- Project teams built on their experiences and learnings to map 400 communities and enroll 19,881 girls for the second cohort.
- The curriculum was streamlined and integrated into an 8-month timeframe.
- Project staff supported Mentors and Facilitators with trainings, coaching and ongoing supervision.
- Tracking their facilitation enabled the project to pinpoint areas for growth and foster best practices through coaching, such as increased support for girls with disabilities.
- The Community Dialogues were scaled up to two groups: one for community leaders and influencers, and one for caregivers of EAGER girls.
- Toward the end of the learning program, the project carried out surveys and FGDs with girls, Mentors and community members, complementing ongoing monitoring and feedback.
- The project was able to better understand the effectiveness of the curriculum by hearing directly from the girls about how they used their new skills. A total of 99.5% of girls reported using their literacy and numeracy skills daily; 55% noted their new knowledge of menstruation and body changes; 48% cited assertive communication; 39% specified sex and pregnancy education (with 93% of this group reporting that their learning fostered important conversations with others).
- Both girls and Mentors felt that storytelling and stress management practices were effective teaching techniques, and reported improvements in their emotional well-being.
- Girls’ understanding of the content and their confidence in engaging or asking for support during learning sessions significantly increased from the previous cohort, pointing to improved quality and inclusive facilitation practices.
- The surveys and focus groups also explored changes in attitudes: local leaders said they better understood how the role of girls in their communities could be expanded to reduce barriers to education; they reported a newfound commitment to reducing the household workload of girls in order to give them more time for their studies; and they emphasized that they now understood the connection between girls’ individual development and that of the entire community.
- 19,841 girls graduated and developed their own Empowerment Plans, setting goals for their future and key steps to achieve them.
- Building on learnings from Cohort 1, each graduate received an Empowerment Package and cash transfer of a slightly increased amount.
- Mentors checked in with each girl a month after they received their cash transfer to assess progress and any need for support. At the time of the check-in, 99.8% of the girls reported feeling confident that they could reach their goals within the 1 year timeframe, which was supported by the high rates of girls having completed either two (34%) or three (37%) steps toward their goals.
- Graduates were encouraged to form Girls Clubs to nurture the friendships they built during the learning sessions, aided by feedback collected during the first round of Clubs.
- 381 communities completed the series of Community Dialogues and created Community Action Plans.
- To keep up momentum, the project encouraged the creation of Girls’ Empowerment Ambassador Committees to ensure there would be a continued focus on the needs of adolescent girls.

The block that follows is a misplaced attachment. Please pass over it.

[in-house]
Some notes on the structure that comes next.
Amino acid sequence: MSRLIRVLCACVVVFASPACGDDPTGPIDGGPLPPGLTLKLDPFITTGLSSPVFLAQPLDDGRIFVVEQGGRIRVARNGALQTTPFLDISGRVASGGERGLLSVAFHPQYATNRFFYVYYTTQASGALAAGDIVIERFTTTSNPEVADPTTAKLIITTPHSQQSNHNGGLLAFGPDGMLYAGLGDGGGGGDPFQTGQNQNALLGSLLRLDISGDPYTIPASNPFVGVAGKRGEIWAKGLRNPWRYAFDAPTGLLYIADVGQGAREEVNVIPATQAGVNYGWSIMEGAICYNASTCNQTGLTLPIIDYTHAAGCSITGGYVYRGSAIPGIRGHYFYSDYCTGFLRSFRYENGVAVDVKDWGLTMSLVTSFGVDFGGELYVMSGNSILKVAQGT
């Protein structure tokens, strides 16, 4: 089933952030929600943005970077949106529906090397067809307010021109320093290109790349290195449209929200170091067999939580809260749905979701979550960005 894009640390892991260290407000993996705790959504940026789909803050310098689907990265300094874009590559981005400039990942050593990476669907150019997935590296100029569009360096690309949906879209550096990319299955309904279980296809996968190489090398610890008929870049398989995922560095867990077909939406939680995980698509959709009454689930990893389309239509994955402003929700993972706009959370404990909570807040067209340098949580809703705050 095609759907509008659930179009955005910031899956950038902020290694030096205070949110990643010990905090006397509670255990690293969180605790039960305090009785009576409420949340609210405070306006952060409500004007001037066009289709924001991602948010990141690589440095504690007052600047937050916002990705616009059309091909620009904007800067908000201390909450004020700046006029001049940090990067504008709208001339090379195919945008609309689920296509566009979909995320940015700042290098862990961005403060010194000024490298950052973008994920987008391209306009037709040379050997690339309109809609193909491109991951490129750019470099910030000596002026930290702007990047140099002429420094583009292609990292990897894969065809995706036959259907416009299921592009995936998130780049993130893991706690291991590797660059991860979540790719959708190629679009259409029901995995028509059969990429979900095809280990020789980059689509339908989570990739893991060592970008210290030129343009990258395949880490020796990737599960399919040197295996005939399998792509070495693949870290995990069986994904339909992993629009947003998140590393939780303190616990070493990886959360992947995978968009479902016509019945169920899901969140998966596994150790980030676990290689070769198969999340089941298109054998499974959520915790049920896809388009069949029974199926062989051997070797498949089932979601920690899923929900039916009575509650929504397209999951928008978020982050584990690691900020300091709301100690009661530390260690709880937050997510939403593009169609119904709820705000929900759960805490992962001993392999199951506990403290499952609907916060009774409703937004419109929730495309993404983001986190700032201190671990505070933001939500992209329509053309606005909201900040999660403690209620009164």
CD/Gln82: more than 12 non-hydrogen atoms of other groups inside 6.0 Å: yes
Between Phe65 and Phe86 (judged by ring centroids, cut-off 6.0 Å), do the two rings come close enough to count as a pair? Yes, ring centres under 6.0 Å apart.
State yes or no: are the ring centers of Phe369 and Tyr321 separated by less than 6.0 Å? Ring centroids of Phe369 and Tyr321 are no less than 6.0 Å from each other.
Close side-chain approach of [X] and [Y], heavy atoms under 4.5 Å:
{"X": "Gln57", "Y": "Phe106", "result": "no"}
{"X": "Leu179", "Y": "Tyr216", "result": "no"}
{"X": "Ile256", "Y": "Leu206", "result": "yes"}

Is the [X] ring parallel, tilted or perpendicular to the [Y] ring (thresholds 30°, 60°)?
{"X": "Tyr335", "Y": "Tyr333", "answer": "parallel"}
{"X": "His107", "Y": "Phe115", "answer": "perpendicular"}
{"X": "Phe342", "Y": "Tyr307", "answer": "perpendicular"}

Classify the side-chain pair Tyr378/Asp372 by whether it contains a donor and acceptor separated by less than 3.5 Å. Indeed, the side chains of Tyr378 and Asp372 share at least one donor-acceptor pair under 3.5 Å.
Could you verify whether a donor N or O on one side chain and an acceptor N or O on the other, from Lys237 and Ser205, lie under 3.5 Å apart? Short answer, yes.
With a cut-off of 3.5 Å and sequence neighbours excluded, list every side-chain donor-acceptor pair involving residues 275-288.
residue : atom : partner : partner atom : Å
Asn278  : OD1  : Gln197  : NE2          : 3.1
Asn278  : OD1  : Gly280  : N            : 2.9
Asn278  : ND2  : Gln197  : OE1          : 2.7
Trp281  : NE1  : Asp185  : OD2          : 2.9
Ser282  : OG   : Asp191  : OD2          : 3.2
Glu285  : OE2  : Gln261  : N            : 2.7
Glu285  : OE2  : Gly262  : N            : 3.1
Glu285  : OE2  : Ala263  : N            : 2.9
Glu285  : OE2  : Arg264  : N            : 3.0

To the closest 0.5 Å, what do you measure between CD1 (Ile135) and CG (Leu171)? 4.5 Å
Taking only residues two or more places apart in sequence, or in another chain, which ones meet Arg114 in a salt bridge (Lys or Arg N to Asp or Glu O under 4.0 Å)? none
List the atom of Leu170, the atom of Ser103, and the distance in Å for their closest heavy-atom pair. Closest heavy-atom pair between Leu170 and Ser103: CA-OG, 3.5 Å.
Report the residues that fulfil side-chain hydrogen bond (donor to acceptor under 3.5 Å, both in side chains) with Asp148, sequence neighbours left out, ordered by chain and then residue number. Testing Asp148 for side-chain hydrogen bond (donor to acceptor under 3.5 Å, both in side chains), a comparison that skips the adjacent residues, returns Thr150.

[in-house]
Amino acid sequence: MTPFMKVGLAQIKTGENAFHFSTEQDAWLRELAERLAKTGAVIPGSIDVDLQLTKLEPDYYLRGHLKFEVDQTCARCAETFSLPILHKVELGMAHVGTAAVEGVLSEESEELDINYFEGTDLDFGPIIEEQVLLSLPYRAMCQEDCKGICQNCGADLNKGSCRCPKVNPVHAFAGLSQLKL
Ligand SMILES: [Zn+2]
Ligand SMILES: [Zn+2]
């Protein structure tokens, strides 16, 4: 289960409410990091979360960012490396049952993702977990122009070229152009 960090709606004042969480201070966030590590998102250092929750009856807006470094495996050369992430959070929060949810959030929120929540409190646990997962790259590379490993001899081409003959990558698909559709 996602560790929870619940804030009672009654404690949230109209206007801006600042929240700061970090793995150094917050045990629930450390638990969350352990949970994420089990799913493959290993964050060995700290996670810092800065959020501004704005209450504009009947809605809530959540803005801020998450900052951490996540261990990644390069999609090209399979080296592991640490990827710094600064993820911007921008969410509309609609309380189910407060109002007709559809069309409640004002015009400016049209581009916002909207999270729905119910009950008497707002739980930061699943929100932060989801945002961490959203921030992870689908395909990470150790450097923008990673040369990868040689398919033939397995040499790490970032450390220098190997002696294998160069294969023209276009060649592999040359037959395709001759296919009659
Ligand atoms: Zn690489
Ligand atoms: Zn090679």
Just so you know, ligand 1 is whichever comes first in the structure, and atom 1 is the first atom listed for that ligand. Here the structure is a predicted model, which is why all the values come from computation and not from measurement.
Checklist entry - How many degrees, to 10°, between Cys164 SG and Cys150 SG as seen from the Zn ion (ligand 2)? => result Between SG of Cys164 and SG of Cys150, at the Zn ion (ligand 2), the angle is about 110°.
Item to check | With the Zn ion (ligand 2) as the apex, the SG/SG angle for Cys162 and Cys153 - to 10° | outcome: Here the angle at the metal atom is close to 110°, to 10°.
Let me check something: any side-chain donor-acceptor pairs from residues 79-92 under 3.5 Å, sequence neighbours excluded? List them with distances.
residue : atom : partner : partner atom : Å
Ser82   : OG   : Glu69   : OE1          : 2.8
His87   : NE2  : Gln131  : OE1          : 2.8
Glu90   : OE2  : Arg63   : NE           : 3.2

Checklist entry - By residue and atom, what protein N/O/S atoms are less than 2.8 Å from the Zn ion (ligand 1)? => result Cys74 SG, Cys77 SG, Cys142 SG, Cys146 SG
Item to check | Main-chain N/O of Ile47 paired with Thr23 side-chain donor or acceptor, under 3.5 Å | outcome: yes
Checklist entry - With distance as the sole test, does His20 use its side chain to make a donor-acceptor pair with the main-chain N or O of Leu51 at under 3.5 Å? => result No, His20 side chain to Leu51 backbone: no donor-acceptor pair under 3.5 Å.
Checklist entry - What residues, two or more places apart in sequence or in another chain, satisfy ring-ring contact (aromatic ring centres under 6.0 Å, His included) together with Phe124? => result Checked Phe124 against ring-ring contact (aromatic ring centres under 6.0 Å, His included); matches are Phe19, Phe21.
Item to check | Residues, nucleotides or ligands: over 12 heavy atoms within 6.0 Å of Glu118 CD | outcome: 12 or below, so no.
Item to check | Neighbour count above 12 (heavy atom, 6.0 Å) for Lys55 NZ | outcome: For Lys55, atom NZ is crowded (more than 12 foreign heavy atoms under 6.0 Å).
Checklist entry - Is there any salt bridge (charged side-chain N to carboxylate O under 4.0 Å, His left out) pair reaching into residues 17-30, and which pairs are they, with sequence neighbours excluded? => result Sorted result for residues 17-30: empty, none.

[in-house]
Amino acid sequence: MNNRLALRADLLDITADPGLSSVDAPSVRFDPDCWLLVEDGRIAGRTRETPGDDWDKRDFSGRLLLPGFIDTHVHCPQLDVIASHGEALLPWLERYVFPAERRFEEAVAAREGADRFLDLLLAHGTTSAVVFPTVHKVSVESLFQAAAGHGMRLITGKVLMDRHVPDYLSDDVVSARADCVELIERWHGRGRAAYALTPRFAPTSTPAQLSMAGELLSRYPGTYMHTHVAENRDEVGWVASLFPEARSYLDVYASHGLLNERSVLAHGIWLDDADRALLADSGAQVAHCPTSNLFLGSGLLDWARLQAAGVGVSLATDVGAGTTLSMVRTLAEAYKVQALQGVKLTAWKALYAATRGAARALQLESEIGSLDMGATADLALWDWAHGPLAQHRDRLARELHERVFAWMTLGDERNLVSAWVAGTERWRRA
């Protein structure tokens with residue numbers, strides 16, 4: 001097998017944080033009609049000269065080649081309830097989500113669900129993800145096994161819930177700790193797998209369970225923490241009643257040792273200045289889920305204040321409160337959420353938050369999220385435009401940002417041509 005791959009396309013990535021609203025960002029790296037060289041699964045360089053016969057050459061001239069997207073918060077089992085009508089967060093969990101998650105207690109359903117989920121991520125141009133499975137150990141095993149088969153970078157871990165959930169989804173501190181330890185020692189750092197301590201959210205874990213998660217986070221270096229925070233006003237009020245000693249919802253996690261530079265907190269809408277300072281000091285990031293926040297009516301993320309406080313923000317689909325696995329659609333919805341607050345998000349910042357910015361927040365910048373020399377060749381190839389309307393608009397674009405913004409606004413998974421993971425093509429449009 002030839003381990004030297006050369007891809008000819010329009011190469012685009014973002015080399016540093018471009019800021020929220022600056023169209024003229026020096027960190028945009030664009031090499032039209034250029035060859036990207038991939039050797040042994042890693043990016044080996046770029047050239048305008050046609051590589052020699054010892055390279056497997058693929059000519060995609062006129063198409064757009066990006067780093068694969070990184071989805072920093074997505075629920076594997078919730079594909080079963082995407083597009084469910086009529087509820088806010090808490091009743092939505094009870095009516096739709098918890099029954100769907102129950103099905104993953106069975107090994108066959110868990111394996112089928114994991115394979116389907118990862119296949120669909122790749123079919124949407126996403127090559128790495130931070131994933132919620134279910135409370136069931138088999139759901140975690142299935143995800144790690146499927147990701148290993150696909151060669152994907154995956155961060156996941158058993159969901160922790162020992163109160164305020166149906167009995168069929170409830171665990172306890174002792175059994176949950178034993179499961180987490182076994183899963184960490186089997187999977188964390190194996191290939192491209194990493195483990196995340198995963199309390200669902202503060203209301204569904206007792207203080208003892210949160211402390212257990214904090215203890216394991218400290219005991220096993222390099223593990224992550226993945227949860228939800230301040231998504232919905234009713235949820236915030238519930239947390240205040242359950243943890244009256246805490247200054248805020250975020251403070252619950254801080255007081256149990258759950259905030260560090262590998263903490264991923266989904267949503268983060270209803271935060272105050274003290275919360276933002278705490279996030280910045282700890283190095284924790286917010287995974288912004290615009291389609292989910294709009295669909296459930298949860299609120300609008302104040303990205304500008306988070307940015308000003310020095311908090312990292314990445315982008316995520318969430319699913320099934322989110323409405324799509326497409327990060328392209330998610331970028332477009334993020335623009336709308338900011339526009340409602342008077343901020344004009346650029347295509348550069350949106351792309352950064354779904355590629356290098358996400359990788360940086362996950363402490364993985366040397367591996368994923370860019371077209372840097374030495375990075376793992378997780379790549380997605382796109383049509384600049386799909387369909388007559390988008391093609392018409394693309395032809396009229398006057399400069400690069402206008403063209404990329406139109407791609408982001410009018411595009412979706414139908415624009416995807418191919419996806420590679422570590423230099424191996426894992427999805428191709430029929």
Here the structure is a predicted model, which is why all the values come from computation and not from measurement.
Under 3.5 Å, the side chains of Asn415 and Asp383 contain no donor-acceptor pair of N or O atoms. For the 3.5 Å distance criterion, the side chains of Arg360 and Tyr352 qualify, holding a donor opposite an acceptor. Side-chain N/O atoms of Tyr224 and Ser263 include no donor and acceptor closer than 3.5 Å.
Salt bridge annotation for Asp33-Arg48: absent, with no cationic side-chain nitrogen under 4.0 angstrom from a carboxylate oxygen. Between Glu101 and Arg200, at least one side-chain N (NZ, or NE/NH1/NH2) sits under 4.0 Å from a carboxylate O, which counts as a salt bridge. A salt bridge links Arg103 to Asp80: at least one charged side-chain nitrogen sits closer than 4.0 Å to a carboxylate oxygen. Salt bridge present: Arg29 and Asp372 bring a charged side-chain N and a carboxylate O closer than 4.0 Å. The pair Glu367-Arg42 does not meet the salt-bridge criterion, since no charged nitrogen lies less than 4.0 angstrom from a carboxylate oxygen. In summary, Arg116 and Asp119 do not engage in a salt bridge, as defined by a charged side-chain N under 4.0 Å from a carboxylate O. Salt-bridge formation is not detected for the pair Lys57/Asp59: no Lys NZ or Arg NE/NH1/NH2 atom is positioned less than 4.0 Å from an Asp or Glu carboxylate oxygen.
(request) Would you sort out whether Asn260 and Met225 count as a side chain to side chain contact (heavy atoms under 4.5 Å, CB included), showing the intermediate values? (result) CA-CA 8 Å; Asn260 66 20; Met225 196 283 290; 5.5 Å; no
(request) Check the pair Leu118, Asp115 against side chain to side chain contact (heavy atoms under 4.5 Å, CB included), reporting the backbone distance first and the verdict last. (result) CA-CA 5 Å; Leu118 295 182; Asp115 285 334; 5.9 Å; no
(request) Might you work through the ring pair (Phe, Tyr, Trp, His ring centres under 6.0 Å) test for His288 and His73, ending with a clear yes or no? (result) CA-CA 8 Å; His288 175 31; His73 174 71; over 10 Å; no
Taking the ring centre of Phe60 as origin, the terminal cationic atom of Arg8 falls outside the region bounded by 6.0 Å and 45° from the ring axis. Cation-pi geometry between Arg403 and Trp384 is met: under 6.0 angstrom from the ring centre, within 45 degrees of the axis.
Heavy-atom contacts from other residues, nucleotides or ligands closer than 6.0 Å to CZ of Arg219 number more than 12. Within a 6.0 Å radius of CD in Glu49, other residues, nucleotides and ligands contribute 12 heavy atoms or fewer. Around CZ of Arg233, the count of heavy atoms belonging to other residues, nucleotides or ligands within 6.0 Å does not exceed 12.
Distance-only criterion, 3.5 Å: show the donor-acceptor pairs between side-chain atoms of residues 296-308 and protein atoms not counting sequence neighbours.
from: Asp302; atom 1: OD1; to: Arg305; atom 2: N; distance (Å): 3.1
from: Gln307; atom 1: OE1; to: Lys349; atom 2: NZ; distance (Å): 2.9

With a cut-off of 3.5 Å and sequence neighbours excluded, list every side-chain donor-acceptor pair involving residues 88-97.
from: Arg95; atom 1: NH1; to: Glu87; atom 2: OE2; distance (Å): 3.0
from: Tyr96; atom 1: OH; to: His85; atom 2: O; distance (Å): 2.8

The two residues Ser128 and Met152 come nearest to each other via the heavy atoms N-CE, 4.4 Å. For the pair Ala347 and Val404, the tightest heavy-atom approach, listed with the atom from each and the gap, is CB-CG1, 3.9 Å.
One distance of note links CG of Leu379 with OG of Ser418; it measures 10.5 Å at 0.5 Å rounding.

This project met the girls “where they were” and led them on an eight-month learning journey to build foundational literacy, numeracy, financial acumen and life skills. After graduation, each girl began an eight-month transition period guided by an Empowerment Plan that she created for herself with her own learning, household, community and financial goals.
use new skills. Findings confirm significant increases in girls’ literacy and numeracy skills, and noted girls value their new knowledge of life skills as well.
Upon graduation from EAGER, 94% of girls reported being able to express their opinions, and 77.5% reported saving money. A much higher proportion of girls said they were working by the end of the learning sessions compared to the start (85.7% to 39%).
report feeling confident that they can reach their goals, and that they could ask questions when they don’t understand something.
EAGER graduates develop their own Empowerment Plan, where they set goals for their future and key steps to achieve them in the coming year. Mentors check on the girls to assess progress and any need for further support.
feel they can play an active role in their community.
EAGER encouraged the creation of Girls’ Empowerment Ambassador Committees to ensure continued community focus on the needs of adolescent girls; 300 communities agreed to participate and provide buildings to be rehabilitated as safe spaces for learning.
Even though I have never been to school, the EAGER project gave me the courage to see the power within myself that despite my age, I will be able to go to formal school.
- Mariatu, EAGER Graduate
Experts on their own futures
EAGER was built on the premise that girls are resilient, resourceful and experts on their own futures. The project has demonstrated that investing in girls’ education in a way that is responsive to their needs, context and lived experiences strengthens their agency and power to shape their lives and increases the overall well-being of families and communities.